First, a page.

-In 1949 he began the first of several stints with Duke Ellington, who bestowed upon him the nickname "Cadillac".
- In 1951 he left Ellington's employ and moved to Paris, where he led his own bands
RANSOM WILSON - Tuscaloosa, Alabama
- Wilson is an American flutist and conductor.
-He has long been recognized internationally as one of the greatest flutists of his generation.
-He graduated from the Juilliard School
-He has served as the Professor of Flute at Yale University, as well as an Artist of the Chamber Music Society of Lincoln Center (New York City).
-As a soloist engagements have included concerts with the Philadelphia Orchestra, Chicago Symphony Orchestra at Ravinia; the Cincinnati Pops at Blossom; the Detroit Symphony; the Puerto Rico Symphony; England's Hallé Orchestra, the New Jersey Symphony, the Saint Paul Chamber Orchestra and the Los Angeles Chamber Orchestra, among others.
-Wilson is equally esteemed as an outstanding conductor of orchestral and operatic repertoire. He has conducted two productions at the New York City Opera, and is currently an Assistant Conductor at the Metropolitan Opera. Most recently, he conducted a recording with the London Symphony Orchestra.
-His highly successful recording career, has included three Grammy Award nominations,and more than 15 solo recordings.
-Wilson has been the recipient of several illustrious honors. In 2003 he was awarded an Honorary Doctorate degree from the University of Alabama. In 1988 the New York Times Foundation awarded him the first Alabama Prize, which is awarded to natives or residents of that state who have distinguished themselves in the performing or visual arts. The following year he shared with pianist Christopher O'Riley a National Public Radio award for best performance by a small ensemble on a national broadcast. The Austrian government honored him with their prestigious Award of Merit in Gold, in recognition of his efforts on behalf of Mozart's music in America.
-Ransom has been an Artist of the Chamber Music Society of Lincoln Center, Assistant Conductor at the Metropolitan Opera, Artistic Director of LE TRAIN BLEU, and Professor of Flute at the Yale School of Music.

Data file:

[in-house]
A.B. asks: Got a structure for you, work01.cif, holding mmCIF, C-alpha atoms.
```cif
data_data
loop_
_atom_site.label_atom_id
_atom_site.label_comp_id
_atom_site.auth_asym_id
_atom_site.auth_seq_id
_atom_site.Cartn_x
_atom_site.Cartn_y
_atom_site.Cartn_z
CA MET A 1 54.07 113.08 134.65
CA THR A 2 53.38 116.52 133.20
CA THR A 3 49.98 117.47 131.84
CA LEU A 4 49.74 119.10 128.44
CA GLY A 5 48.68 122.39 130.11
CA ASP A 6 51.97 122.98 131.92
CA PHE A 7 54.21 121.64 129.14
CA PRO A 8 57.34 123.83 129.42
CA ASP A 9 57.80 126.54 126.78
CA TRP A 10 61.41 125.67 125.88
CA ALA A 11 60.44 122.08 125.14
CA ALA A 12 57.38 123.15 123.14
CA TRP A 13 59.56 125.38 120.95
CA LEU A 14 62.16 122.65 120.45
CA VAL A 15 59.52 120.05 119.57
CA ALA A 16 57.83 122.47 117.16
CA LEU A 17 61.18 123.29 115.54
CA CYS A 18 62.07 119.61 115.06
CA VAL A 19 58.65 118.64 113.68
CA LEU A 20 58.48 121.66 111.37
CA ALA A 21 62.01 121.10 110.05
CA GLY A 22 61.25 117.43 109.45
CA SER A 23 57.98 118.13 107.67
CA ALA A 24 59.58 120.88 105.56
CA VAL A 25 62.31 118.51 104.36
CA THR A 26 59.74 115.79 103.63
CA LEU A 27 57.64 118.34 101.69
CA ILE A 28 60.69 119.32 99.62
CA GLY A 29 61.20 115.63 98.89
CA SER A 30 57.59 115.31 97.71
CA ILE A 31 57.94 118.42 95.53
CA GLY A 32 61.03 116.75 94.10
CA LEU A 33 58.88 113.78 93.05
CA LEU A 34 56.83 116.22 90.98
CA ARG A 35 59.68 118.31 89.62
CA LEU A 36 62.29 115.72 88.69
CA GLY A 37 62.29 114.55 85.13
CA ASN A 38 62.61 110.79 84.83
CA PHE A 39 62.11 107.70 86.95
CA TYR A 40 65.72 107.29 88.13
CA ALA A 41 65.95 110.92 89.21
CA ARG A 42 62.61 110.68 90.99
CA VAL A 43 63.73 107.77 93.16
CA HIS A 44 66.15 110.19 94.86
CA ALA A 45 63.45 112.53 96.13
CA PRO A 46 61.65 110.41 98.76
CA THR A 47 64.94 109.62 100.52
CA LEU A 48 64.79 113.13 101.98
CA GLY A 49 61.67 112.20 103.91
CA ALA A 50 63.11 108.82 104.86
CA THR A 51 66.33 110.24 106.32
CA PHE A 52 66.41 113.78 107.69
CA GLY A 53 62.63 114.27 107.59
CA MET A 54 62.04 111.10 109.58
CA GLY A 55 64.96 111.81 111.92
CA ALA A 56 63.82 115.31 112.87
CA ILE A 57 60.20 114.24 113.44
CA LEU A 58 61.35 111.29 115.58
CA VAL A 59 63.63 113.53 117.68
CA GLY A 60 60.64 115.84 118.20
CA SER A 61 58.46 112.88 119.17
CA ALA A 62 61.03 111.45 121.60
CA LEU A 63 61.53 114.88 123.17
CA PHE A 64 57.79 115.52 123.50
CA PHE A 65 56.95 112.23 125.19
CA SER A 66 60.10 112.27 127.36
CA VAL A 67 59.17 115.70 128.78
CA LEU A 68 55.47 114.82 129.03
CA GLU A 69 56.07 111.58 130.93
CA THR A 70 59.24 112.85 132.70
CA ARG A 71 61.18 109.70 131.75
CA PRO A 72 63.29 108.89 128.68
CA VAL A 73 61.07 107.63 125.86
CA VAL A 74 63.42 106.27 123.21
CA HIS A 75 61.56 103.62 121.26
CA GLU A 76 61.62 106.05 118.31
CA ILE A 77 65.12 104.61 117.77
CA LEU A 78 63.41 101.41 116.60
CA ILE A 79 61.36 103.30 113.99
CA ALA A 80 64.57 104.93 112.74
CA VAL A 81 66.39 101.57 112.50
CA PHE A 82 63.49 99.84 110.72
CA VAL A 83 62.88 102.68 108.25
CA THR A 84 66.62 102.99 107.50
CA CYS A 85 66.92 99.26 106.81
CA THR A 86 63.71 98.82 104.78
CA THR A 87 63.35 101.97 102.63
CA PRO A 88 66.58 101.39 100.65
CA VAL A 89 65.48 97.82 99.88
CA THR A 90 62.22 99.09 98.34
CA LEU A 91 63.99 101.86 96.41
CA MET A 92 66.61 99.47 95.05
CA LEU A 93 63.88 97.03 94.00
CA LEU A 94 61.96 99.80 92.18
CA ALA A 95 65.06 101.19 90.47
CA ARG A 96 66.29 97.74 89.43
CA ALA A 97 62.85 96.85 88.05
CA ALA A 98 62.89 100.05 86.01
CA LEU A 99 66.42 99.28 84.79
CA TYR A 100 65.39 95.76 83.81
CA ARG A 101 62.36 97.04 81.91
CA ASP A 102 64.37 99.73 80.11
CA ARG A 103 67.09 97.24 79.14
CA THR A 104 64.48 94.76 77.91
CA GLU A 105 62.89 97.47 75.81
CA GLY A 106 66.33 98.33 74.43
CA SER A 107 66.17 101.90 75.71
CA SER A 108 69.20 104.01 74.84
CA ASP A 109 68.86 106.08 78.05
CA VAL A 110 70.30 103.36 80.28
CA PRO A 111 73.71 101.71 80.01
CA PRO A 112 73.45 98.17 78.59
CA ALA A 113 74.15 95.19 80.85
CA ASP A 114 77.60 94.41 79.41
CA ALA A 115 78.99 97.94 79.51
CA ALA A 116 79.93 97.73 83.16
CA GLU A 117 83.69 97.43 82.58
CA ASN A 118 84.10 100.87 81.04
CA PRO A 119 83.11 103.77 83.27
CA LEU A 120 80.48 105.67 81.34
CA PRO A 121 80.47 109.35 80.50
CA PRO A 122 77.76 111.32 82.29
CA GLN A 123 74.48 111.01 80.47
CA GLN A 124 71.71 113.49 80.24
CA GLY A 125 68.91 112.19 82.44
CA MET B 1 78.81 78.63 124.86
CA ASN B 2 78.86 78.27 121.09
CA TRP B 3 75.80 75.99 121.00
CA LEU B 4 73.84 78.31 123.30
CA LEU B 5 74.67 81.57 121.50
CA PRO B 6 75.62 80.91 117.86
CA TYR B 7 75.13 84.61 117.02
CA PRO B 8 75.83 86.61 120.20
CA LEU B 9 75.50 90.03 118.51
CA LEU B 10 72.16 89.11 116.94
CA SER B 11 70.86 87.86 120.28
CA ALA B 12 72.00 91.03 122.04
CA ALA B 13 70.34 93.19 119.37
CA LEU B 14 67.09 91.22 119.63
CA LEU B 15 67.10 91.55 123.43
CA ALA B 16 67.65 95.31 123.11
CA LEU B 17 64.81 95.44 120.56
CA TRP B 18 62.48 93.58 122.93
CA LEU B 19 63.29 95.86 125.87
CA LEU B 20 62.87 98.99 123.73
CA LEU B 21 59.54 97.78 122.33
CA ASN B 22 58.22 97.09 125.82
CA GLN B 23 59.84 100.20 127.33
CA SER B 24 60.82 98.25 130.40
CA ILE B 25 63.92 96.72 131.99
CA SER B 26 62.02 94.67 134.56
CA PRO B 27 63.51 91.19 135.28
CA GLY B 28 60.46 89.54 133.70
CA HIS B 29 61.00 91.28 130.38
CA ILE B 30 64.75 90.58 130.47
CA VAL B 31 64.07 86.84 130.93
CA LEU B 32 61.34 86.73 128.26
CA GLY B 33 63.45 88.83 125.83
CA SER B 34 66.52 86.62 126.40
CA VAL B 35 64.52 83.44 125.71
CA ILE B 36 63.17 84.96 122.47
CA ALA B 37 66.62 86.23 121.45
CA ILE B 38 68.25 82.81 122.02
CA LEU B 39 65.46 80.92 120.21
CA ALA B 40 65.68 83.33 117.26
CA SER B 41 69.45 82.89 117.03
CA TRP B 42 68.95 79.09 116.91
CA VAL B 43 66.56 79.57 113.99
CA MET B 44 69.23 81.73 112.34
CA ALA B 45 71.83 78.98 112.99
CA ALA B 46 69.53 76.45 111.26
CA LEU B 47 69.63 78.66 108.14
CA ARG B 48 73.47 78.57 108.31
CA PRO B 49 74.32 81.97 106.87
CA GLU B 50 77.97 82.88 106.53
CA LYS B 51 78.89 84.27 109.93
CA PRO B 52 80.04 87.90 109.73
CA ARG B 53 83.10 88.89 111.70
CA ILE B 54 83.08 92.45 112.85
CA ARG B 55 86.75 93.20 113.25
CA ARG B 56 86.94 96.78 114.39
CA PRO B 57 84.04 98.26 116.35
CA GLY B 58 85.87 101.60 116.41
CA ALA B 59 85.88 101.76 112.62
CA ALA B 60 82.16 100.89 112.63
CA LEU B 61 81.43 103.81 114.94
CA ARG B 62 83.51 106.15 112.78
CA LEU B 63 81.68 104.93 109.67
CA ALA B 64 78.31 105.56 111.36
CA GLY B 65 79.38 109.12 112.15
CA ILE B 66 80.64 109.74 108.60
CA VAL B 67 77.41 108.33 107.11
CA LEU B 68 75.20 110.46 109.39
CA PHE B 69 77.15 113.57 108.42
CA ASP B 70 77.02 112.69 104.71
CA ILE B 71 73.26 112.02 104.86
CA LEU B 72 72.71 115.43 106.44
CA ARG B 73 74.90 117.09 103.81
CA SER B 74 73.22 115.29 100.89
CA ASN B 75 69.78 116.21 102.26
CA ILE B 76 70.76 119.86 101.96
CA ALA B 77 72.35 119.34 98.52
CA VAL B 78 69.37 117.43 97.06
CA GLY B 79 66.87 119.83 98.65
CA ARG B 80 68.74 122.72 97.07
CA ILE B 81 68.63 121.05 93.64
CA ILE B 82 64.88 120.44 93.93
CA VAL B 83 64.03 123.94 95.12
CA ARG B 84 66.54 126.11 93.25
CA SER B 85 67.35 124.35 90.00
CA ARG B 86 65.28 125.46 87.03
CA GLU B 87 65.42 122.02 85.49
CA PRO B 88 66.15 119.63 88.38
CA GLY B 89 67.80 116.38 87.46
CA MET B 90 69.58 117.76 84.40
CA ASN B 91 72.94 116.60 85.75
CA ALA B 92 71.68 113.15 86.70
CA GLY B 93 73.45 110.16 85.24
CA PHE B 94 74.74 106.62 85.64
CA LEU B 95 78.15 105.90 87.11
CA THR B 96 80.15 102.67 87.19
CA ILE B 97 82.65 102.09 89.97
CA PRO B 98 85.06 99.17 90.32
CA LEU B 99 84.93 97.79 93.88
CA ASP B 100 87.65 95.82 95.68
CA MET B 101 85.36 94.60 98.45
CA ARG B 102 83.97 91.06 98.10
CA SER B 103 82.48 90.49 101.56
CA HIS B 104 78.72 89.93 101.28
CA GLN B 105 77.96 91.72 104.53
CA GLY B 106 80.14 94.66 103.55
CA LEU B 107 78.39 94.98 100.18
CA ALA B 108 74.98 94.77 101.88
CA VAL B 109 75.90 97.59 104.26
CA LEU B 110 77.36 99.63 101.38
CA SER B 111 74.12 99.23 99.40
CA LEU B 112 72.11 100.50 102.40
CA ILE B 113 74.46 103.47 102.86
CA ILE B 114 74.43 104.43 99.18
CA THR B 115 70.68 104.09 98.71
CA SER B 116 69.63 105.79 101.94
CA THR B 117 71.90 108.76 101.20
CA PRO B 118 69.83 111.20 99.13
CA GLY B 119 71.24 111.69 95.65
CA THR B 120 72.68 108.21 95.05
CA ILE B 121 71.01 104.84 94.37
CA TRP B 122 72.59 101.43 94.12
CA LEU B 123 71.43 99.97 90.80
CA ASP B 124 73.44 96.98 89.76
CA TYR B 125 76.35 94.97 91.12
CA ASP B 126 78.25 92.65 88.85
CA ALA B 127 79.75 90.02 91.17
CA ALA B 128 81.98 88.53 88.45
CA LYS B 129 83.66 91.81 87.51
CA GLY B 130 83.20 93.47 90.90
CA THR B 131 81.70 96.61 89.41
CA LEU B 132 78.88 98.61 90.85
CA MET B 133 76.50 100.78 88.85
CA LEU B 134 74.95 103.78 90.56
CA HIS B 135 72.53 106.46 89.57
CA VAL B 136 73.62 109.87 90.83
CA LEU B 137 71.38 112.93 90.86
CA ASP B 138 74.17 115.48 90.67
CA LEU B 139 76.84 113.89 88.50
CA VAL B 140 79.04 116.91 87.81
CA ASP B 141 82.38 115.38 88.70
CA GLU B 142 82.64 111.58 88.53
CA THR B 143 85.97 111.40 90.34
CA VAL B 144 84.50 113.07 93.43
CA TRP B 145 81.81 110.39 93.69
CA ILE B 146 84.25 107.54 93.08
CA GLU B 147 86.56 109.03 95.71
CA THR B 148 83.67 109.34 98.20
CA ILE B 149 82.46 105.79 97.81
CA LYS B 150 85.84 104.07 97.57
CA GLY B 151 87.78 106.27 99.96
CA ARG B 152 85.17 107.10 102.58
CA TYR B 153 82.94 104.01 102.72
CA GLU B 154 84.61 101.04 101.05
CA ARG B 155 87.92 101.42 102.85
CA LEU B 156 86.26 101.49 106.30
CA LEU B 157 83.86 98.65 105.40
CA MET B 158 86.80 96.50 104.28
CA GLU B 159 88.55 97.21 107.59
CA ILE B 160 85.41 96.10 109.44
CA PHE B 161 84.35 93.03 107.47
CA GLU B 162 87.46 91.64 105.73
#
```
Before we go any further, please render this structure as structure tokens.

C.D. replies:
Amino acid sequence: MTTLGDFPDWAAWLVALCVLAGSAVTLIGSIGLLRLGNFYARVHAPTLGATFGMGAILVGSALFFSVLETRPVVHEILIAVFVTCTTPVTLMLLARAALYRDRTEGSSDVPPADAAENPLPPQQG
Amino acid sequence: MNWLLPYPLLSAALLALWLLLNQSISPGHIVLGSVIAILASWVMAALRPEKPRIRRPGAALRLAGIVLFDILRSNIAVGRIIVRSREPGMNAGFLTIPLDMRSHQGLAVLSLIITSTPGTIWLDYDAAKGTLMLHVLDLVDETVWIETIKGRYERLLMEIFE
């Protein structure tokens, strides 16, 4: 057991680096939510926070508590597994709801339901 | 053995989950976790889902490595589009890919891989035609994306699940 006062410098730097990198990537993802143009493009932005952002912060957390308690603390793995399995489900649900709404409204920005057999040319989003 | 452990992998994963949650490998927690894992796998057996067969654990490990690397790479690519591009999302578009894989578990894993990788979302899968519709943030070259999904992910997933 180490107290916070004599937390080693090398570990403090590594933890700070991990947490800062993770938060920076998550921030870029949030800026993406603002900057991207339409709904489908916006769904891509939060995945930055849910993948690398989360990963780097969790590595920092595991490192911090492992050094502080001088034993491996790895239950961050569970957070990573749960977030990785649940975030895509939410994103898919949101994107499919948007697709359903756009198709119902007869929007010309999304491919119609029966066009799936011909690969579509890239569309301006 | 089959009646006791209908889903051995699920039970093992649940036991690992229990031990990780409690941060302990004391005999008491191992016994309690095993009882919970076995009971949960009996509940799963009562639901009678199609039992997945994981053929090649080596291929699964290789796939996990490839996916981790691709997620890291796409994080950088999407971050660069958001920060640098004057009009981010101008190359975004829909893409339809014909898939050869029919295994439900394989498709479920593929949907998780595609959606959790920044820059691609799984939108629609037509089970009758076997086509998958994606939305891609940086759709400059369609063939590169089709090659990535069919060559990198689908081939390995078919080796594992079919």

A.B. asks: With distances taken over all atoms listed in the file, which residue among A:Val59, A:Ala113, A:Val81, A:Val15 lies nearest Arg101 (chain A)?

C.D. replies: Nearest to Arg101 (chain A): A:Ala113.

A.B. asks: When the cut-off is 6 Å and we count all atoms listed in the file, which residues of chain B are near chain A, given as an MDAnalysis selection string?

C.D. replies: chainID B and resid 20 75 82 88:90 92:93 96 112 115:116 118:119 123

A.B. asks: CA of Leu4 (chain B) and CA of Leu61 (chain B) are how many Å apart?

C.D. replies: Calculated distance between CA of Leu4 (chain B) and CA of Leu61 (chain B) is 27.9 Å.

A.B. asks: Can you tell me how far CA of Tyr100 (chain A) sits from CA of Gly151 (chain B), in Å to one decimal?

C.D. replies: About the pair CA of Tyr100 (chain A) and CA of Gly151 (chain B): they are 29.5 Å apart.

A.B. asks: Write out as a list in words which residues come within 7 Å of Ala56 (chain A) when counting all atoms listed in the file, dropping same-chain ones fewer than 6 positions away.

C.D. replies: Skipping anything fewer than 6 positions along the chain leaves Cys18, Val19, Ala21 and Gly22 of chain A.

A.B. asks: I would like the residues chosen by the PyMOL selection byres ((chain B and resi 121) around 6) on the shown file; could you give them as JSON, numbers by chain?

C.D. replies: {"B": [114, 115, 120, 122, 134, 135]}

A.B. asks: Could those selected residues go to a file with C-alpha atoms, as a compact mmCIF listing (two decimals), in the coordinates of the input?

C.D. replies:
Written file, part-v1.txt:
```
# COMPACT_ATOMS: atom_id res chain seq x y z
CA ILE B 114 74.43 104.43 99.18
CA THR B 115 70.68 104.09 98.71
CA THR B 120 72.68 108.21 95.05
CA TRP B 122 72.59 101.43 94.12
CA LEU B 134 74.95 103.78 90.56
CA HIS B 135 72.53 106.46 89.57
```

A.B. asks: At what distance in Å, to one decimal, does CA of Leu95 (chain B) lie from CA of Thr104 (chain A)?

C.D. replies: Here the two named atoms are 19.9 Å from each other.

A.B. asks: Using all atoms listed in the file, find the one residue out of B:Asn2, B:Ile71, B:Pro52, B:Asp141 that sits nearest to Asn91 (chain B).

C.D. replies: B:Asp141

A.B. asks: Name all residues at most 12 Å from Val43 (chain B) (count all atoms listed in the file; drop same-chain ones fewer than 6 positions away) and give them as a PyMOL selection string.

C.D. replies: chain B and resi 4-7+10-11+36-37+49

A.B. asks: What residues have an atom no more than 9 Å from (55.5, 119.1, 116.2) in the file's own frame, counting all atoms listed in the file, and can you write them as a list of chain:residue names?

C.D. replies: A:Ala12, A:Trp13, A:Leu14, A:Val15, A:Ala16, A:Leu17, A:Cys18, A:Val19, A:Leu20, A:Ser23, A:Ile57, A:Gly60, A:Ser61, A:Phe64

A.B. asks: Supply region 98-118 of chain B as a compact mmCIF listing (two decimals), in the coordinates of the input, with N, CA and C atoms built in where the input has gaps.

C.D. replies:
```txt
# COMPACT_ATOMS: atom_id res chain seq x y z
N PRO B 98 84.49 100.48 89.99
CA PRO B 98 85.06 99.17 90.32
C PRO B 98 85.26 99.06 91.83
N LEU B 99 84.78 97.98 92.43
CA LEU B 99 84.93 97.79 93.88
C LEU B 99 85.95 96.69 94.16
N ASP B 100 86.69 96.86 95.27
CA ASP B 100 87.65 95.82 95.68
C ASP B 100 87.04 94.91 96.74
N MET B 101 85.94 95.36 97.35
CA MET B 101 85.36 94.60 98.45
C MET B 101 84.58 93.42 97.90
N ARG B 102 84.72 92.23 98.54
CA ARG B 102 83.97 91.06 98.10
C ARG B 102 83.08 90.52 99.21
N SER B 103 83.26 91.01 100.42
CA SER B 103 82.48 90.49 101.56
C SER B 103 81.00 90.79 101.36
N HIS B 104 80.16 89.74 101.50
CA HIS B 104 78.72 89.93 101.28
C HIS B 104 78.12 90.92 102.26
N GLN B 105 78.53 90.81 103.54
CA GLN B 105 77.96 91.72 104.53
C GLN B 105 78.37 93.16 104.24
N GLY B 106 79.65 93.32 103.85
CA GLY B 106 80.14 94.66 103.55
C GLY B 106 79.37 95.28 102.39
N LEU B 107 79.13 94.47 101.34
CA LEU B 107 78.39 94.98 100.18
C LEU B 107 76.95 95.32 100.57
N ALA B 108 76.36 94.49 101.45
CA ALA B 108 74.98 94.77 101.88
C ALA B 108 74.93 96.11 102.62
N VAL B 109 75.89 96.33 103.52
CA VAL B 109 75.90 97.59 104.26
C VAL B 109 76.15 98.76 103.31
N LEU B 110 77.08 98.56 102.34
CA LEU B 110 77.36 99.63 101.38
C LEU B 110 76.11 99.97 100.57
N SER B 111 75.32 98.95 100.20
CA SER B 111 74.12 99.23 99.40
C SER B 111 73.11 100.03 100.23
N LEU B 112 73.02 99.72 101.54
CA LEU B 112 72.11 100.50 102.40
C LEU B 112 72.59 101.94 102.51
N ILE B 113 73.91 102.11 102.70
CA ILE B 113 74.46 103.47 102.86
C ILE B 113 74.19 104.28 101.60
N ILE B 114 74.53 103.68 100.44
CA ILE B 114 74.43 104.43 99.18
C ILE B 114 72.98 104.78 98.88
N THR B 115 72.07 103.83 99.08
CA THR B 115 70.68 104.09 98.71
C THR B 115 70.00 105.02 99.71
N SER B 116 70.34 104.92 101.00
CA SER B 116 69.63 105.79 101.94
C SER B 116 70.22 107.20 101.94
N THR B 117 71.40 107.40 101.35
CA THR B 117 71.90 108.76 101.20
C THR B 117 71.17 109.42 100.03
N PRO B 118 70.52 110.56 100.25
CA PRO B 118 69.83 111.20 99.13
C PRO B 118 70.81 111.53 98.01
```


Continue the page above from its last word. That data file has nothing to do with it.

THEODORE SHAW "TEDDY" WILSON - Tuskegee, Alabama
-Wilson was an American jazz pianist. Described by critic Scott Yanow as "the definitive swing pianist".
-Wilson's sophisticated and elegant style was featured on the records of many of the biggest names in jazz, including Louis Armstrong, Lena Horne, Benny Goodman, Billie Holiday, and Ella Fitzgerald.
-He was one of the first black musicians to appear prominently with white musicians.
-In addition to his extensive work as a sideman, Wilson also led his own groups and recording sessions from the late 1920s to the 1980s.
-He studied piano and violin at Tuskegee Institute in Tuskegee, Alabama.
-After working in Speed Webb's band, with Louis Armstrong, and also understudying Earl Hines in Hines's Grand Terrace Cafe Orchestra, Wilson joined Benny Carter's Chocolate Dandies in 1933. In 1935, he joined the Benny Goodman Trio
-He recorded fifty hit records with various singers such as Lena Horne, Helen Ward and Billie Holiday, including many of Holiday's greatest successes.
-He took part in many highly regarded sessions with a wide range of important swing musicians such as Lester Young,Roy Eldridge, Charlie Shavers, Red Norvo, Buck Clayton, and Ben Webster.
-In the 1950s, Wilson taught at the Juilliard School. -Wilson can be seen appearing as himself in the 1955 motion picture The Benny Goodman Story. He also worked as music director for the Dick Cavett Show.
-Wilson died July 31, 1986; he was 73.
TERRY WOODFORD - Sheffield, Alabama
-With partner Clayton Ivey, built Wishbone Studio and publishing company
-Signed exclusive production agreement with Motown Records -During his career as a hit record producer, music
publisher, recording engineer, songwriter, Woodford supplied music and songs for top acts such as The Commodores, Jimmy Buffet, The Temptations, Alabama, Hank Williams Jr., Wayne Newton, Barbara Mandrell, Mac McAnally, John Kay of Steppenwolf, The Supremes and many others.
-Terry served on the board of governors of the Nashville Chapter of the National Academy of Recording Arts and Sciences twice.
-He co-founded and taught courses for the first four year degree program in the country to teach the ins and outs of the music business at the University of North Alabama.
-One of his discoveries, Mac McAnally, has been inducted into the Song writers Hall of Fame and won CMA's musician of the year five times
- Terry also served as Chairman of the Alabama Music Hall of Fame board for five years.
-He had an idea to record an actual human heart and use it as the rhythm of traditional nursery songs. Much to his surprise, when tested in a hospital newborn nursery, nurses reported 94% of crying babies were calmed to sleep by the music in less than two minutes.